This is a bit surprising. I was not expecting people to praise the ER levels. My wife (34) does have IRA funds from previous jobs invested in Vanguard (about 25k worth). Is it really worth moving them to the TSA to save? How much savings are we talking about? I'm not really sure how the ER's work and how much I'm giving up. Thanks!

the fixer

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Re: US Govt employee - how to best use the TSP 401k plan?
« Reply #6 on: May 07, 2013, 08:21:51 AM »
IMO when the expenses get this low it doesn't make a huge difference. Vanguard's best ERs on stock funds are 0.05%, compared to 0.025% in the TSP. An expense ratio is the amount of a fund's assets that go to expenses instead of getting invested each year, so it's basically a percentage of your money the fund takes from you annually regardless of how well it performed. In this case, for a $100k investment, each year the TSP costs a whopping... $25 less than Vanguard.

It can still be a benefit to roll the IRA into the TSP if you're happy with the investment options available, because it simplifies the amount of work you have to do managing money (one less account to deal with and fewer different funds).

sol

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Re: US Govt employee - how to best use the TSP 401k plan?
« Reply #7 on: May 07, 2013, 05:31:13 PM »
My wife and I are both feds, so we've become TSP wizards.

I encourage everyone with access to the TSP to take full advantage.  The offerings are solid, the expense ratios are fantastic, the administration and communications are first rate, and the withdrawal options are numerous.

The TSP does have a couple of downsides.  It doesn't really offer you much in emerging markets, and the Lifecycle funds which automatically rebalance daily (and which I generally recommend for ease of implementation) don't necessarily age out quite the way I would like.  Those are quibbles, though, and easily rectified with other investments or by choosing a different L fund.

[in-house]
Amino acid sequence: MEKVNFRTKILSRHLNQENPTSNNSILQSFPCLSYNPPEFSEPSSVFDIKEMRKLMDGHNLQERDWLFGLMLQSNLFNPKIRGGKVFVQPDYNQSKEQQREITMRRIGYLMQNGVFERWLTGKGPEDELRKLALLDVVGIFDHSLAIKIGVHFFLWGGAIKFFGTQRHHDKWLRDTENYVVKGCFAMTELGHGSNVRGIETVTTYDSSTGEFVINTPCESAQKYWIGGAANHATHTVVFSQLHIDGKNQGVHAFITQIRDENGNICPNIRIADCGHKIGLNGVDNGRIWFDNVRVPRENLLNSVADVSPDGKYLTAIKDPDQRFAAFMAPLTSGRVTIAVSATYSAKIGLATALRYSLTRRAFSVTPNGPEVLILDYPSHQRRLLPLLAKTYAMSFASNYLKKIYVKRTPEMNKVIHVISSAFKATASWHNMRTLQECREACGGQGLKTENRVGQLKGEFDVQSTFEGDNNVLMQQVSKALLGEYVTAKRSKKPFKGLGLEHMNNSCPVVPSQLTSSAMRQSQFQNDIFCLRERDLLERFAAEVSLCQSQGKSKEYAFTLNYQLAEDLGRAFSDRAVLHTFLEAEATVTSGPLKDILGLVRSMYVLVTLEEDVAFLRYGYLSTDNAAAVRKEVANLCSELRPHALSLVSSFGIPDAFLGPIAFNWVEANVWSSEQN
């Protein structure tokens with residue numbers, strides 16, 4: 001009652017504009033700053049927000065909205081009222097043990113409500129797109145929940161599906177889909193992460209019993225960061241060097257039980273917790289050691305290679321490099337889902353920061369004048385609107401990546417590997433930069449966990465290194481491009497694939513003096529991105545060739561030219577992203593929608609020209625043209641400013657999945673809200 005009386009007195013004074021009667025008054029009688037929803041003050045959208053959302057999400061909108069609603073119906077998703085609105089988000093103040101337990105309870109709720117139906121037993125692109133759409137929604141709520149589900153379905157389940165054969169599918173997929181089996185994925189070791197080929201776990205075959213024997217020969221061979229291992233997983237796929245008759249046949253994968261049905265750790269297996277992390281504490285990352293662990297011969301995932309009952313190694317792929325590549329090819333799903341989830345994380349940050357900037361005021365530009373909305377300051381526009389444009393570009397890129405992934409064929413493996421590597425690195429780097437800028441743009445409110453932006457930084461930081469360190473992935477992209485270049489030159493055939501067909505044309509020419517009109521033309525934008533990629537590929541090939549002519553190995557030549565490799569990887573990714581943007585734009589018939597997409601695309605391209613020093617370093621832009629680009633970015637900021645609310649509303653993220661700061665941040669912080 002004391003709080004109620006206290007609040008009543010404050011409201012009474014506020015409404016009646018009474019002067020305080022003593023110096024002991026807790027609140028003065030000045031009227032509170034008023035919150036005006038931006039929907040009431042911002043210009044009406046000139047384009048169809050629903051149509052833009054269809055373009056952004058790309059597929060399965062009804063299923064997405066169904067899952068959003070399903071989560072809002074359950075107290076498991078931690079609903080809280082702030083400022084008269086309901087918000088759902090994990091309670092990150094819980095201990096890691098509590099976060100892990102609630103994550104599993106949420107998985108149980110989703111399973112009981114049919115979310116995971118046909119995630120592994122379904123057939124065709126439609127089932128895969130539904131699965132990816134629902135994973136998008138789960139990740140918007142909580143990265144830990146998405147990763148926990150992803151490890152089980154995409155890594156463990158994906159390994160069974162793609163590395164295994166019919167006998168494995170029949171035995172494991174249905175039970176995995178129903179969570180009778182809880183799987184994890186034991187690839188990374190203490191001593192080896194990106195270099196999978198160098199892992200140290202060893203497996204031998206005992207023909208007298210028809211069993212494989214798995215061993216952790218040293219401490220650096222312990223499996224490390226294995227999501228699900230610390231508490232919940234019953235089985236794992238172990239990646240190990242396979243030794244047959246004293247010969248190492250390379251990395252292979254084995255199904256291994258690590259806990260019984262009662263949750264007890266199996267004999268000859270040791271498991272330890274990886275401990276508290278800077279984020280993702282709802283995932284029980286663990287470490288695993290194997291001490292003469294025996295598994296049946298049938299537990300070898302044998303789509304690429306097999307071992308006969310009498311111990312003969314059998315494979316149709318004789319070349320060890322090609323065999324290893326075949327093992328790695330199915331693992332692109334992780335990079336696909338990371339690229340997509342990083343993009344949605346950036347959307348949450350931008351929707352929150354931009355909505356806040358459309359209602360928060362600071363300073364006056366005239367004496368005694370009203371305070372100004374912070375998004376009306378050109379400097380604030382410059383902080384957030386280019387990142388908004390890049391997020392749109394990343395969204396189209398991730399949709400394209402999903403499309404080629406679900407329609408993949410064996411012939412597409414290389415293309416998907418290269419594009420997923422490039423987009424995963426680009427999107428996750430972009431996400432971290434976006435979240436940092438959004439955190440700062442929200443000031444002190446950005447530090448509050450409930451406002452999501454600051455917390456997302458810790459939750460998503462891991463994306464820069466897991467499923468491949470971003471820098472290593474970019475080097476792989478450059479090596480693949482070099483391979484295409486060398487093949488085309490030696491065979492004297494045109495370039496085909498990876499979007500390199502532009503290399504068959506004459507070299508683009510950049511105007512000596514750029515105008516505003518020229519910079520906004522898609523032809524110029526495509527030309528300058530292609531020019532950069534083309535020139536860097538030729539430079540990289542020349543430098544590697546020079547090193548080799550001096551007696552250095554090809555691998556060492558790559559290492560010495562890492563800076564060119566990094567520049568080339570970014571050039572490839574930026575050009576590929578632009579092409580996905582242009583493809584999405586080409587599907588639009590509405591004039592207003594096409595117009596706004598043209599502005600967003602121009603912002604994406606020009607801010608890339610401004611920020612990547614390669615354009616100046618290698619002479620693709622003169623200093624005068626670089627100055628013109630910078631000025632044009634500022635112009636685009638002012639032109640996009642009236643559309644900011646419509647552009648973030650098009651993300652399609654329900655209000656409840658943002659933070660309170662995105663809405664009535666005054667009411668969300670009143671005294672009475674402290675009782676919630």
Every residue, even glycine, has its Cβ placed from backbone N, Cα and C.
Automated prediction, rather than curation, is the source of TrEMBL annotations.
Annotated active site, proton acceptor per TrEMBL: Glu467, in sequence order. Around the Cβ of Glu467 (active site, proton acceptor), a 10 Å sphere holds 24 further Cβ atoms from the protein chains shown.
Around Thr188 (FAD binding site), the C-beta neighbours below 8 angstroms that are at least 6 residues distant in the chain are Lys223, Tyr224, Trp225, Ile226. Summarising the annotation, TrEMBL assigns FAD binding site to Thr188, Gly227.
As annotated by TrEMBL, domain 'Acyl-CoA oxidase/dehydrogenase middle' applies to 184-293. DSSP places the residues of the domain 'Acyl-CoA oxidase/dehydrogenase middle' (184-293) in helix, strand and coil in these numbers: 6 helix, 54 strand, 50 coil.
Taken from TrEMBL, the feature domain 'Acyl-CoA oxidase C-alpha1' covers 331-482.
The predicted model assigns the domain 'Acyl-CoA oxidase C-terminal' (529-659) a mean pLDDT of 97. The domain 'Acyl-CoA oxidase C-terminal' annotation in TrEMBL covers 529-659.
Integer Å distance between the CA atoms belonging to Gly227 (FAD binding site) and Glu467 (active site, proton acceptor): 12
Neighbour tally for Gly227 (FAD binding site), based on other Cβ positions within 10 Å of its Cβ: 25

The Roth TSP option is generally to be avoided by Mustachians unless you're military and have tax-exempt combat pay.  It primarily benefits people who will work long careers and oversave for retirement, like politicians and judges.  I'd stick with the regular TSP, and thank your lucky stars for it.  It's one of the only redeeming perks of being a fed these days.

Crash87

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Re: US Govt employee - how to best use the TSP 401k plan?
« Reply #8 on: May 08, 2013, 06:37:55 AM »
I use the F, I and S funds since the difference between their fee and the vanguard counterpart's fee is large.

simonsez

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Re: US Govt employee - how to best use the TSP 401k plan?
« Reply #9 on: May 08, 2013, 09:06:48 AM »
Just an FYI for those interested in the Roth TSP....

Even if you have zero contributions toward the traditional TSP, but you have 5% going toward the taxable Roth TSP, your matched dollars will still be traditional TSP.  Meaning, no matter what your allocation of TSP vs. Roth TSP, as long as it is 5% or higher, you will receive the total matching capability to your traditional TSP balances.  Many love to overstate the utility the Roth TSP provides (not here on this site, just in general it seems) and act like it is this magical concept that will provide financial benefit throughout one's life that wasn't available before. 

I personally contribute to both, much more so on the traditional side since my wife and I are nearing the upper end of the 25% bracket.  I like the hedging aspect of it and probably figure to be on the lower side of the 25% bracket in retirement, meaning no big difference either way. YMMV